|Life insurance||Mortgage and other loans, amount your child needs times years to adulthood, financial help for spouse and parents||Help your loved ones tide over financially when you pass away|
|Total permanent disability||Male: (85 – age) times yearly expenses
Female: (87 – age) times yearly expenses
|Replace your income to pay for the expenses until the end of your life|
|Early Critical Illness||2 to 3 times of yearly income||Replace your income as you recover from your early-stage critical illness|
|Critical Illness||5 to 7 or even 10 times of yearly income||Replace your income as you recover from your advanced-stage critical illness|
|Hospitalisation insurance||Depends on your preference when it comes to being hospitalised||Ensure you pay less when you are hospitalised|
Let’s use the example of Kenneth, who spends $1,320 on essential expenses, and has loan liabilities totalling $50,000.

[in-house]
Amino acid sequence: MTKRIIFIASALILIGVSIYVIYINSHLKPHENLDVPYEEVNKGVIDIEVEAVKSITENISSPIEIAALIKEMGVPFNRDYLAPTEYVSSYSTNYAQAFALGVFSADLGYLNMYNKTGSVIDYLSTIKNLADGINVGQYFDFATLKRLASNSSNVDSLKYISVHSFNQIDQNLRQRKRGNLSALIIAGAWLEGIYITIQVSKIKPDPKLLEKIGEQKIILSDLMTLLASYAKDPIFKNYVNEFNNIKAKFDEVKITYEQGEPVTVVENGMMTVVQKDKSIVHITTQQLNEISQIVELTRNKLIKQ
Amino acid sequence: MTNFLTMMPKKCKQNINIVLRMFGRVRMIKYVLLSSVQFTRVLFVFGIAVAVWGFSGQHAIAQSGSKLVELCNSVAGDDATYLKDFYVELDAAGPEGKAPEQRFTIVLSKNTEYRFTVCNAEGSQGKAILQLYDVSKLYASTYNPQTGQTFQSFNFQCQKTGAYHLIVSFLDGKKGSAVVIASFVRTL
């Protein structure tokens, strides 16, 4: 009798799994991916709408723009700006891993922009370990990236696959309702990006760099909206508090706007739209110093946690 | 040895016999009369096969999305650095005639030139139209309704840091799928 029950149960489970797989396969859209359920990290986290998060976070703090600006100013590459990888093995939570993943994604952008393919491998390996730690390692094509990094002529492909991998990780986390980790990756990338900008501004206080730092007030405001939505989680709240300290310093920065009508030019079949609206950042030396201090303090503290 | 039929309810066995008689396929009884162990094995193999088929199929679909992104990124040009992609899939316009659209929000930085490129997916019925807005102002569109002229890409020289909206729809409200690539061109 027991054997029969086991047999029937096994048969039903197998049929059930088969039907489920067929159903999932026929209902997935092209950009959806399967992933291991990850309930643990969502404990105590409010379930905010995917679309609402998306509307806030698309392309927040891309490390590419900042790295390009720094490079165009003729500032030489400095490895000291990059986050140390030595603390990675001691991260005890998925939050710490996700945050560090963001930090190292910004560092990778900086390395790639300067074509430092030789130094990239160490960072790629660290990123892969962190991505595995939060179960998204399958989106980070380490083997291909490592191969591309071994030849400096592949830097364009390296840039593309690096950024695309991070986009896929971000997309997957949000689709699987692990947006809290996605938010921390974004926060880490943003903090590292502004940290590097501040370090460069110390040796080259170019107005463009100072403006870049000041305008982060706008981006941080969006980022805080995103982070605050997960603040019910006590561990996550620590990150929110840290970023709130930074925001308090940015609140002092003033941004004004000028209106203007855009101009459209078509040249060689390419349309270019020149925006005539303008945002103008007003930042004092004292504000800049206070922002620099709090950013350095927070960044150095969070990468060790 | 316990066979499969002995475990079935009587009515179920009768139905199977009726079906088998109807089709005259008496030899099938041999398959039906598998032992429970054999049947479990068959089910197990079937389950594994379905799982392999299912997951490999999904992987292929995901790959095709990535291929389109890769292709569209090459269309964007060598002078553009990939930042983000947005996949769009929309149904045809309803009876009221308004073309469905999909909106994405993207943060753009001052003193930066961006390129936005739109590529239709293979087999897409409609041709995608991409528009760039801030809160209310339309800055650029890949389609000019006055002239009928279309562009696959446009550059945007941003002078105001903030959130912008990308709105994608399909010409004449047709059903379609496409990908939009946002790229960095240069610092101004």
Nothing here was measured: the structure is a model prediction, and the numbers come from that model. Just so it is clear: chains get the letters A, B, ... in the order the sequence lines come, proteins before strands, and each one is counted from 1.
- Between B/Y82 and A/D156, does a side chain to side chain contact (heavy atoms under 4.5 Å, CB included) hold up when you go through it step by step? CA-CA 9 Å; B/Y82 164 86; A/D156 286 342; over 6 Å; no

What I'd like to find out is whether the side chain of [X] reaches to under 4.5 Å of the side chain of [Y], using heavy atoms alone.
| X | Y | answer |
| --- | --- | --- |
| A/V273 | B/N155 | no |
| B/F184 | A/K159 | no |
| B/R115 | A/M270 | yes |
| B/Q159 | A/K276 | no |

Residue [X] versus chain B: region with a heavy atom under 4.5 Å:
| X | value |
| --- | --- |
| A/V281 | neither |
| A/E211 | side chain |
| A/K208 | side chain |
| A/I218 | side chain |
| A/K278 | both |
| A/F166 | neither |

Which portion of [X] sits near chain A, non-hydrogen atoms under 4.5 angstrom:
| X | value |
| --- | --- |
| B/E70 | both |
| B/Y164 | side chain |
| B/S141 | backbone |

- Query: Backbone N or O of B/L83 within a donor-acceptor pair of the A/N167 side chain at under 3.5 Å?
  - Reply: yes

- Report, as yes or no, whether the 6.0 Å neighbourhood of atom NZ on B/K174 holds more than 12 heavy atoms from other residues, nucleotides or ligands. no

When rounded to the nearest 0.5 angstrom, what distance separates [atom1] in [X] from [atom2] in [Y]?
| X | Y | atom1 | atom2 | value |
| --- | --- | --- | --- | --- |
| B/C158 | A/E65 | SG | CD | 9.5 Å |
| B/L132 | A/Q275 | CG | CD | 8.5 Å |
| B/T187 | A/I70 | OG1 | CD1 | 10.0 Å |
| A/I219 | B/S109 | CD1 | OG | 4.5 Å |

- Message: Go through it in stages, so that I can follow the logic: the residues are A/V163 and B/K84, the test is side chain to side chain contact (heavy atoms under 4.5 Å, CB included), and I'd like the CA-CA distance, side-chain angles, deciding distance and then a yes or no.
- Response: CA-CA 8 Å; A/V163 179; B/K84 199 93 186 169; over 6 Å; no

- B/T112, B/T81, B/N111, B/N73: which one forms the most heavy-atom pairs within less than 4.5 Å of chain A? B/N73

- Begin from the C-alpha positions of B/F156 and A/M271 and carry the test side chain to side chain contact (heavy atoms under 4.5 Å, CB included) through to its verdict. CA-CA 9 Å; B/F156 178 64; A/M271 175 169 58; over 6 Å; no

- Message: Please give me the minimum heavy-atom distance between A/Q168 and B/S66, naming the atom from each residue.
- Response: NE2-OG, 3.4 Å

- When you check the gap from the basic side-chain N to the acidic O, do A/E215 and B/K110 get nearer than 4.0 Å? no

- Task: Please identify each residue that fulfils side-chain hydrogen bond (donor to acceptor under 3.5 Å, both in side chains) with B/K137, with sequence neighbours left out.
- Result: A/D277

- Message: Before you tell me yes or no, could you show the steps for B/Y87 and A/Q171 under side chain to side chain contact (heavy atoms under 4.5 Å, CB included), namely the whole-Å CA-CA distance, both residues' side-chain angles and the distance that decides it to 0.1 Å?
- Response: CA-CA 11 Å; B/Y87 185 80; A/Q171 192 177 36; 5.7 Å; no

We’ll start with life insurance. As he is a young adult, Kenneth doesn’t yet have dependents or a mortgage loan. But he contributes allowance to his parents, who are semi-retired, growing older and appreciate his financial support. He also has plans to apply for an HDB BTO flat with his girlfriend. Assuming that Kenneth would like to support his parents for another 30 years, that would mean at least $108,000. He can add on more if he would like to provide more for his parents. He must also factor in his loans. Thus, at the very least, Kenneth requires $158,000 as his sum assured. If he wants to plan ahead, he can add on a possible mortgage loan of $300,000, which adds up to $458,000 if the plan is still within his affordability.